The Major Classification and Characteristics of Protozoa

Protozoa classification
Protozoa are single-celled organisms without cell walls. They are believed to be a part of the microbial world as they are unicellular and microscopic. There is a great deal to know about their classification, characteristics and more.
First animals?
Single Celled Organisms
The term protozoa implies 'first animals'. As the primary hunters of the microbial world, protozoa help in continuing the equilibrium of bacterial, algal and other microbial life forms.
Protozoa also means 'little animal'. They are named so because many species act like small animals. They search for and collect other microbes as food. Previously, protozoa were specified as unicellular protists possessing animal-like characteristics such as the capability to move in water. Protists are a class of eukaryotic microorganisms which are a part of the kingdom Protista.

The term 'protozoan' has become debatable. Modern science has shown that protozoans refer to a very complex group of organisms that do not form a clade or monophylum. This has led scientists to give up the term protozoa. Hence, the sub-kingdom Protozoa is not used today. Currently, protozoa are defined as single-celled, heterotrophic, or colonial eukaryotes possessing non-filamentous structures.
Characteristics of Protozoa
Protozoa do not have a cell wall and therefore can have a variety of shapes. Nevertheless, some of the protozoans have a pliant layer, a pellicle, or a stiff shell outside the cell membrane.
Protozoa vary in size and shape. Their sizes range from 10 to 55 micrometers, but they can be as large as 1 mm. The largest protozoa are called xenophyophores, which can measure up to 20 centimeters in diameter.
Protozoa prefer living in moist and aquatic habitats. Their cysts can be found in the bleakest parts of the ecosphere.
Protozoa are found drifting in the oceans, seas, and freshwater. They are at the base of food chains.
The life cycle of protozoa changes between proliferative stages and dormant cysts.
When in the cystic stage, protozoa can live in utmost temperatures or harsh chemicals, or without nutrients, water, or oxygen for a long time. Being a cyst enables parasitic species to dwell on the host externally. This lets them transmit from one host to another. In the form of trophozoites, protozoa feed actively. The transition of a trophozoite to a cyst is called encystation and the transition back to a trophozoite is called excystation.
The mode of nutrition of protozoa is heterotrophic, and most species obtain food by phagocytosis. Phagocytosis is the process where the cell changes shape by sending out pseudopodia to make contact with food particles.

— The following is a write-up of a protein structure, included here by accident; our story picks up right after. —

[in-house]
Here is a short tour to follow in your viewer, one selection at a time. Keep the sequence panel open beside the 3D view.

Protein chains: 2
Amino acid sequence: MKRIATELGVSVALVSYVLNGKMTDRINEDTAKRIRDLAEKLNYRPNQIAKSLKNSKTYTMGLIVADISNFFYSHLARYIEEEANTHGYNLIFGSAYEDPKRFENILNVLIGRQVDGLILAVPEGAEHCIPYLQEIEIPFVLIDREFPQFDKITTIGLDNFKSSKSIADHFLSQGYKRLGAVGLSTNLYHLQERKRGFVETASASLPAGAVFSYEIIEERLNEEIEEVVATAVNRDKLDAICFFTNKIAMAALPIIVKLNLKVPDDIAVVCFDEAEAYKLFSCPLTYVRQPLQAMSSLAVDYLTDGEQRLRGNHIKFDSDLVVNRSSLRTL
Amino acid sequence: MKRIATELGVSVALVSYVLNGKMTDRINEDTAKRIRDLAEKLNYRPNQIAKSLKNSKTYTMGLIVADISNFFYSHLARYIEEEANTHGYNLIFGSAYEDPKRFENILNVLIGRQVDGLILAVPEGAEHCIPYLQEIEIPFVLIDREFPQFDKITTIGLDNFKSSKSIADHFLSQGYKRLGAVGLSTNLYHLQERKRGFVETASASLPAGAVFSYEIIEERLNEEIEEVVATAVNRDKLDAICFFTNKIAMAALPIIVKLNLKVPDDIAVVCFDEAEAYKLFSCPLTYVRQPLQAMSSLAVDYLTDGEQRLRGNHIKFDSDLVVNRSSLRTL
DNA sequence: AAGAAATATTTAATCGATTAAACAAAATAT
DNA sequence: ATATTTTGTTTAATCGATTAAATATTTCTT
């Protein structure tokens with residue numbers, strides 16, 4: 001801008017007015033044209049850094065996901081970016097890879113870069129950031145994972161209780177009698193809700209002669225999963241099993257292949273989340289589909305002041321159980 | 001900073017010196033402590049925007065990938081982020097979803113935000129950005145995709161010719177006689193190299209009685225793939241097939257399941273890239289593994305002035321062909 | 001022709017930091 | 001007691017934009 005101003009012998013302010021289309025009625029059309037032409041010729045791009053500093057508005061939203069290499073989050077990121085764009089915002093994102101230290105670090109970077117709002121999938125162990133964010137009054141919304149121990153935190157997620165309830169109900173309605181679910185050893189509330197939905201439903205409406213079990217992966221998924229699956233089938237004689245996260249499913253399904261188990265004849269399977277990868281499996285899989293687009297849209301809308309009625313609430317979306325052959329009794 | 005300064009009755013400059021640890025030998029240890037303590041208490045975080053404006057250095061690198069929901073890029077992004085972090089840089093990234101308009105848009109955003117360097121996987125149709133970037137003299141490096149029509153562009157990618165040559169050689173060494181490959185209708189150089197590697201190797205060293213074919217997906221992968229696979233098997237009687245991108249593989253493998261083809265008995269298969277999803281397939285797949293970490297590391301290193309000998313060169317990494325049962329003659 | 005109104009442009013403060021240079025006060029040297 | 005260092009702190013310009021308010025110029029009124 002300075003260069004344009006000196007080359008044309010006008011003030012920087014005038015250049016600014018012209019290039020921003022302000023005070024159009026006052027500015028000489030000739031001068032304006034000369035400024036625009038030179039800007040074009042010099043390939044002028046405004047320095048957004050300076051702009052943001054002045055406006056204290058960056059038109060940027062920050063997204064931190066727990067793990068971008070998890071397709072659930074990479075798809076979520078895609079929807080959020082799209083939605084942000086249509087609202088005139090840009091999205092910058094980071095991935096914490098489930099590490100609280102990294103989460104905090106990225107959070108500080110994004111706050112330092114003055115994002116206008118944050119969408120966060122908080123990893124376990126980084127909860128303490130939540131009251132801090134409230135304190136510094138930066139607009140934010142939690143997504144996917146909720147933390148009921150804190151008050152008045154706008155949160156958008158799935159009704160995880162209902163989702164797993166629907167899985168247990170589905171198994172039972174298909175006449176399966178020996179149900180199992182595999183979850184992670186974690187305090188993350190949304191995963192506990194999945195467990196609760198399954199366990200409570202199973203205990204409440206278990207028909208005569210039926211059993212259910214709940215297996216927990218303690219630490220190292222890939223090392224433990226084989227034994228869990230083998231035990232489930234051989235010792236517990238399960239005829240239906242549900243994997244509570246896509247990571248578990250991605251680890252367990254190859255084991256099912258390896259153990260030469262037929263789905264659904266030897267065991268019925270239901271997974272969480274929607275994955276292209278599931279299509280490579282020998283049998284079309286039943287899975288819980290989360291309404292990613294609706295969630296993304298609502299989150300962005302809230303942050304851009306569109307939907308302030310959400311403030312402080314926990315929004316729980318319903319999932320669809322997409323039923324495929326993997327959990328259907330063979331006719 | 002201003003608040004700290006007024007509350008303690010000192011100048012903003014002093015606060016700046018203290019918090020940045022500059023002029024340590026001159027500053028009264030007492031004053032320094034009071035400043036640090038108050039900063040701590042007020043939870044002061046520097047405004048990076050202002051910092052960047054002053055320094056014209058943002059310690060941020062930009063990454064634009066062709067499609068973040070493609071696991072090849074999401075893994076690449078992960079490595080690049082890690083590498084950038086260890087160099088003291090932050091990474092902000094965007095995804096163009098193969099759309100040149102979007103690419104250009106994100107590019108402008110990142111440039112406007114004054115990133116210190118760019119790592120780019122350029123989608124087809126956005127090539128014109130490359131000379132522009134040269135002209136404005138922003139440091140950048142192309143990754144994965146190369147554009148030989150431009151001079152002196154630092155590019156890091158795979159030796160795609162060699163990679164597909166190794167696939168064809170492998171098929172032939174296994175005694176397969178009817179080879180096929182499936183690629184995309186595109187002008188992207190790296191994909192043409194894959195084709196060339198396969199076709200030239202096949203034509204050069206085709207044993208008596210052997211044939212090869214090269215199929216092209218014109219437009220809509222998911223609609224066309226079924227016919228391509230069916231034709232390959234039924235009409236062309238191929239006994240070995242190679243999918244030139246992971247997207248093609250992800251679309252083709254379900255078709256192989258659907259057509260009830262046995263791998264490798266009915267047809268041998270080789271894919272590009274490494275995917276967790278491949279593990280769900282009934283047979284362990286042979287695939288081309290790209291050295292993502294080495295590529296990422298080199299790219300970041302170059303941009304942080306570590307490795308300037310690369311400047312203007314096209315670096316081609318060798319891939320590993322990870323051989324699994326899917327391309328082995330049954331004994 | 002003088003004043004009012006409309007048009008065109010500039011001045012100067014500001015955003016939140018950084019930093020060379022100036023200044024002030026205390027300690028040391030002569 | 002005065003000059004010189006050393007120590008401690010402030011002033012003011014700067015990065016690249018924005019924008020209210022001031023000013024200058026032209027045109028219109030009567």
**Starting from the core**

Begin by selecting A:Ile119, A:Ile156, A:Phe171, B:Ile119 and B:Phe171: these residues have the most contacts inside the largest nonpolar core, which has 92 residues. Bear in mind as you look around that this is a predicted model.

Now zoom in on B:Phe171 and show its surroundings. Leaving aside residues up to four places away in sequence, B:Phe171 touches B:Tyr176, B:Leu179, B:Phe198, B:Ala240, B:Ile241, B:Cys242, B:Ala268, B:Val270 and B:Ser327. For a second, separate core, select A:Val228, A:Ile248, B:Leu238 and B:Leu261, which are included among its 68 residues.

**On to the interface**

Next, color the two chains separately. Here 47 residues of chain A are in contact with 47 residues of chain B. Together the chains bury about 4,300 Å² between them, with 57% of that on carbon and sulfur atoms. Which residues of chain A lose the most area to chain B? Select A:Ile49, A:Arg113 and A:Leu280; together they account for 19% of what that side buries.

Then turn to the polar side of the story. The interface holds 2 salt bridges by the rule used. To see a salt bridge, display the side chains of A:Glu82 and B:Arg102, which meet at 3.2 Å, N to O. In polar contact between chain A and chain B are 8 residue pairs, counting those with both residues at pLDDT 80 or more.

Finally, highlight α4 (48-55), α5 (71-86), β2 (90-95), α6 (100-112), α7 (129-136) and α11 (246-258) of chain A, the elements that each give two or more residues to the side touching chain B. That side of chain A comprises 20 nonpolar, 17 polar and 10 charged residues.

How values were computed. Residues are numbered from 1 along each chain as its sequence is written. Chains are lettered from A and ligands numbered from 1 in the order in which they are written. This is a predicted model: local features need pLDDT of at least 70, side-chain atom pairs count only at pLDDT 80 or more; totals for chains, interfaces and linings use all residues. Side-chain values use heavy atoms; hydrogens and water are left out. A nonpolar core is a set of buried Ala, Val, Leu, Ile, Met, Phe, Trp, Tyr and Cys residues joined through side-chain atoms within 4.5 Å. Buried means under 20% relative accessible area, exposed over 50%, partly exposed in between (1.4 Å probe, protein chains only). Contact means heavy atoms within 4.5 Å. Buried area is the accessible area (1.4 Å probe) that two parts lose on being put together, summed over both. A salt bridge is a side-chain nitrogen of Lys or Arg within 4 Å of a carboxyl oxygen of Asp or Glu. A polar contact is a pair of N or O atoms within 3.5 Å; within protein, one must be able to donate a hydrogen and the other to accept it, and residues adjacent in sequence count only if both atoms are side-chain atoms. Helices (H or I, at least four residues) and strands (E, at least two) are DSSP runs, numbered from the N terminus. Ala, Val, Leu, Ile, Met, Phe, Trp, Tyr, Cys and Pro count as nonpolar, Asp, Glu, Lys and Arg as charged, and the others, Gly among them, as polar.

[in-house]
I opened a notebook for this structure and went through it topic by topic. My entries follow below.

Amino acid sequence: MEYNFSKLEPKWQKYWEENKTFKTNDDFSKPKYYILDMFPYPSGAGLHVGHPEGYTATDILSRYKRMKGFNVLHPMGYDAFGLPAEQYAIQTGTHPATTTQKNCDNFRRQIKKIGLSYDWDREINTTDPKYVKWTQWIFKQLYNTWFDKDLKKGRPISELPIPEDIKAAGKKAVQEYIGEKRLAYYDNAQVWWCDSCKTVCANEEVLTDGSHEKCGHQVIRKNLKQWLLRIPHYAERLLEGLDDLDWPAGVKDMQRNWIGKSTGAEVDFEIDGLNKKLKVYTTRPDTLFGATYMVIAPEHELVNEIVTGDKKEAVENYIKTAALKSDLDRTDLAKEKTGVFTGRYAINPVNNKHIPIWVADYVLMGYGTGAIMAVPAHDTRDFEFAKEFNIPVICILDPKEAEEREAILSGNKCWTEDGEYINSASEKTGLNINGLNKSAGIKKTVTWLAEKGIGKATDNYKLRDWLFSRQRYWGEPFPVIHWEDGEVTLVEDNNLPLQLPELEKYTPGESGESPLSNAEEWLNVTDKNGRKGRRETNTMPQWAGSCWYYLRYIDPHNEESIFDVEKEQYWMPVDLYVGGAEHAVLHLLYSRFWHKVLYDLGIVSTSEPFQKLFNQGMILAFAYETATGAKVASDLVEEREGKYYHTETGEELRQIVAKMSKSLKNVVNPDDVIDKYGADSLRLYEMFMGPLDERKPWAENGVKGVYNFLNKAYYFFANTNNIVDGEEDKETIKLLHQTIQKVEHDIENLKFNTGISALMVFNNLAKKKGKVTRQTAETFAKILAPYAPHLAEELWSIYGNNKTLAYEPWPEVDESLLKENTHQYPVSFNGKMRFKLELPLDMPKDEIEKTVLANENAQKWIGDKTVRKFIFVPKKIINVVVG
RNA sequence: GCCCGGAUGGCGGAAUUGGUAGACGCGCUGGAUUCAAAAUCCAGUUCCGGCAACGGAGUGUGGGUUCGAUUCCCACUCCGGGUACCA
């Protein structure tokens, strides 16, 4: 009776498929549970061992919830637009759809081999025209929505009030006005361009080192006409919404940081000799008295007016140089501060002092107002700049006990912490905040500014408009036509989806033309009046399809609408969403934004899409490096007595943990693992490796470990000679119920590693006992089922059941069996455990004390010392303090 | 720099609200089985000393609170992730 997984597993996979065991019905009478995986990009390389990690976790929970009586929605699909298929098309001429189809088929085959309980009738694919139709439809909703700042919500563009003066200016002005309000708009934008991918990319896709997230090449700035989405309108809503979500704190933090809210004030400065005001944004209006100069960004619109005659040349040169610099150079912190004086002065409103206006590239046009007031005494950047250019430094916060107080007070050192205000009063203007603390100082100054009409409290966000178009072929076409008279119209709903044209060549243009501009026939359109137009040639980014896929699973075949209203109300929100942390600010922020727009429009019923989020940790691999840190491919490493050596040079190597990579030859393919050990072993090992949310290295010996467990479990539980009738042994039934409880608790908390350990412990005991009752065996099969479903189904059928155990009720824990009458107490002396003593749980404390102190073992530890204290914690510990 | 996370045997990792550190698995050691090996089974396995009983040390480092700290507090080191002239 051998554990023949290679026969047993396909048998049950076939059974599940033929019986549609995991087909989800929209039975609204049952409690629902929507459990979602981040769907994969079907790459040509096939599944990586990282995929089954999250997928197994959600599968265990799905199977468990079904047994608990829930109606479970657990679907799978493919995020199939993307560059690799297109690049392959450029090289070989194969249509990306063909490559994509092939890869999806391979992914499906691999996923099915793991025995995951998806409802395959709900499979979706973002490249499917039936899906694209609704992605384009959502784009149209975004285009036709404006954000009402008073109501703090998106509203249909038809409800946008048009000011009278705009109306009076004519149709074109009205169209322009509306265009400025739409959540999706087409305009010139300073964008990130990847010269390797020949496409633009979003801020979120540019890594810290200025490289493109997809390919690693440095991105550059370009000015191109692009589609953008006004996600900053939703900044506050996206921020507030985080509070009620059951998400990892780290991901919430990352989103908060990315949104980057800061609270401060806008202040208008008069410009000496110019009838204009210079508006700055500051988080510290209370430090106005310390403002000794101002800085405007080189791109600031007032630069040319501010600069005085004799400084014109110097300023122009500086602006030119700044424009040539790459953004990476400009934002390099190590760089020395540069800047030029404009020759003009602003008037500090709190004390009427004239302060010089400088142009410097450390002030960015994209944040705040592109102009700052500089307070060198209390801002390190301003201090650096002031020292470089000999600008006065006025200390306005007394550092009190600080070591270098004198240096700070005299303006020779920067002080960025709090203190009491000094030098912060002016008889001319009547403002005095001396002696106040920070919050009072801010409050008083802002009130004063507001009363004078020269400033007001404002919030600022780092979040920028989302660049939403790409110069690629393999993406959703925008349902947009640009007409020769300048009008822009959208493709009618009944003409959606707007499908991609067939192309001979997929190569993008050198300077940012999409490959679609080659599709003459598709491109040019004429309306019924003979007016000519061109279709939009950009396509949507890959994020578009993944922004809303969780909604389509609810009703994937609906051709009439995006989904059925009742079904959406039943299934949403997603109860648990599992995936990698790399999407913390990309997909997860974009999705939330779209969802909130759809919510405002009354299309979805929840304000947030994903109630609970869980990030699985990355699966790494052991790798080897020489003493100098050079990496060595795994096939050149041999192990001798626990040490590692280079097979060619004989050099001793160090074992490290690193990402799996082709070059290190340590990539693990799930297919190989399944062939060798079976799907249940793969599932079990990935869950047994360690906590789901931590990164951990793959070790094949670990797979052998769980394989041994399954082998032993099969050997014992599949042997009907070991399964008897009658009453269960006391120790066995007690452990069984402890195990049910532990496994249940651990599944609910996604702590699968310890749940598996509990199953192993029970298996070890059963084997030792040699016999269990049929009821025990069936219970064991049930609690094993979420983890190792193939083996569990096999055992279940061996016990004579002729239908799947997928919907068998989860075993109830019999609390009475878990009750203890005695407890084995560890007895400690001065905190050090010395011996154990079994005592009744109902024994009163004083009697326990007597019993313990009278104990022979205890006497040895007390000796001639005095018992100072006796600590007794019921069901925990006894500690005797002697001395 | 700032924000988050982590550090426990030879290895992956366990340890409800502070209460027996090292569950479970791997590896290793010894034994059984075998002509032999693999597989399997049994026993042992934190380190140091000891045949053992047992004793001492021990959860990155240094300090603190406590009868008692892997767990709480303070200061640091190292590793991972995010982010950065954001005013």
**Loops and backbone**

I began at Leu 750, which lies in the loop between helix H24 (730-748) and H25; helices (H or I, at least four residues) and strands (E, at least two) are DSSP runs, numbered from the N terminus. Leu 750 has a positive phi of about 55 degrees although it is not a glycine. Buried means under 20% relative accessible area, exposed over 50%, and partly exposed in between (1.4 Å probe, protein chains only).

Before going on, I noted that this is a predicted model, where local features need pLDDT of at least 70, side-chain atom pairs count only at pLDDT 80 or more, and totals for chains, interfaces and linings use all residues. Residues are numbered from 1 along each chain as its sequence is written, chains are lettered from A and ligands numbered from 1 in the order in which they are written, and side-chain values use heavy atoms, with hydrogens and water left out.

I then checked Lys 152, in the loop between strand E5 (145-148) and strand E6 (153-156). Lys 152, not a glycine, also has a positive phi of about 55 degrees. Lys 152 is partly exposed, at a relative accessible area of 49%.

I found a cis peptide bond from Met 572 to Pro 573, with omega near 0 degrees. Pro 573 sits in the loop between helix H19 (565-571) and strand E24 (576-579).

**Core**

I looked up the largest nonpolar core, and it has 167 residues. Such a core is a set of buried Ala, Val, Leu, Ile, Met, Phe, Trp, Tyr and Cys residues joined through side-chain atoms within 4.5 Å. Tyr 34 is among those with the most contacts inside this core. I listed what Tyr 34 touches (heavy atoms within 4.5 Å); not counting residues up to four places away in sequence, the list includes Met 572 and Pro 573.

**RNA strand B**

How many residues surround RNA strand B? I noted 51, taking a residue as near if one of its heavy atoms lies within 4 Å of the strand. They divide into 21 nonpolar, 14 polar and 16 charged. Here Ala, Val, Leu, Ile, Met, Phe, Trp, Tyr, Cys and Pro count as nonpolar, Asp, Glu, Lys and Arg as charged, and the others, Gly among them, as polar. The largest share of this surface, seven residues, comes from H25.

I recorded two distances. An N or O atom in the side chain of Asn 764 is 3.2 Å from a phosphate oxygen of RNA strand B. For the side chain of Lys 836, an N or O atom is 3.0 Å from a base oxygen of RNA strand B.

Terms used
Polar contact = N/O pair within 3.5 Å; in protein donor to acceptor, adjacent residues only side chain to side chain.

Protozoa take food into the cell at a point called the cytostome. The food is ingested by them and lysosomal enzymes digest the food. There are also certain types of protozoa that take in food by their cell membranes. Some others such as the amoeba, surround food and absorb it. Others have mouth pores into which they pull in food.
Protozoans digest their food in spaces called vacuoles. Contractile vacuoles that are found in protozoa thriving in freshwater, excrete water that penetrates into the cells by osmosis. While chewing down the food, protozoans produce and release nitrogen.
Protozoa species move on their own by one of the three types of locomotor organelles such as flagella, cilia, or pseudopodia.
Protozoa reproduce by the method of binary fission or multiple fission. Some of the members reproduce by asexual mode, some by sexual means, and some by both.
Classification
The protozoa group comprises more than 65,000 species. All the protozoan species belong to the kingdom Protista. Many kinds of protozoa are symbionts. Some of the protozoan species are parasites and some are predators of bacteria and algae. Some examples of protozoans are dinoflagellates, amoebas, paramecia, and plasmodium.
Based on the mode of locomotion, protozoa have been divided into four types.
Amoeboids
Amoeba Proteus
Amoeba
An amoeboid (ameba or amoeba) is a type of cell or organism that is capable of changing its shape, mainly by extending and retracting pseudopods. They are normally found in the soil and in aquatic habitats. They move by using pseudopods. They typically ingest their food by phagocytosis. They extend their pseudopods to engulf a prey. They do not possess a mouth or cytostome.
There is no specific place on the cell where phagocytosis takes place. The food sources of amoebae differ. Some of them feed on bacteria and other protists. Some others feed on dead organic material. Some also feed by absorbing dissolved nutrients through vesicles. The examples of amoeboids are Amoeba proteus, Chaos carolinense (the giant amoeba), Naegleria fowleri (the brain-eating amoeba), Entamoeba histolytica (the intestinal parasite of commensals and humans), and Dictyostelium discoideum (the multicellular social amoeba).
Flagellates
Euglena Protozoa
Euglena
Flagellates are organisms which have one or more whip-like organelles called flagella. They may be solitary, colonial, free-living or parasitic. Parasitic forms live in the intestine or bloodstream of the host. An example of a parasitic flagellate is Trypanosoma, which has an interesting life cycle as it uses two hosts; humans and tsetse fly. Many other flagellates like dinoflagellates live as plankton in the oceans and freshwater. Some flagellates are autotrophic while others are heterotrophs.
Flagellates are divided into two classes:

Phytomastigophorea: The Phytomastigophorea includes protozoans that contain chlorophyll. They can produce their food photosynthetically, like plants. Examples include Euglena and Dinoflagellates. Euglena is regarded as both an alga and a protozoan.

Zoomastigophorea: It is the phylum commonly called zooflagellates. Zooflagellates include protozoans which are colorless. They ingest organic substances by osmotrophy (uptake of dissolved organic compounds through plasma membrane) or phagotrophy (engulfing prey in food vacuoles). They may be free-living, symbiotic, commensal, or parasitic. Examples include hypermastigids, holomastigotoides, and trichomonads.
Ciliates
Structure of Paramecium
Paramecium
The ciliates are a group of protozoans which possesses hair-like organelles called cilia. Cilia are used in swimming, crawling, attachment, feeding, and sensation. Most ciliates are heterotrophs. They eat organisms such as bacteria and algae. They sweep the food by their modified oral cilia into their oral groove (mouth). The food is moved with the help of cilia through the mouth pore into the gullet, which forms food vacuoles.
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Some ciliates do not have a mouth and they feed by absorption (osmotrophy), and some others are predatory and feed on other protozoa, especially ciliates. Some ciliates also parasitize animals. Examples of ciliates include free-living forms like Paramecium caudatum, Stentor polymorpha, Vorticella campanula, and parasitic forms like Balantidium coli.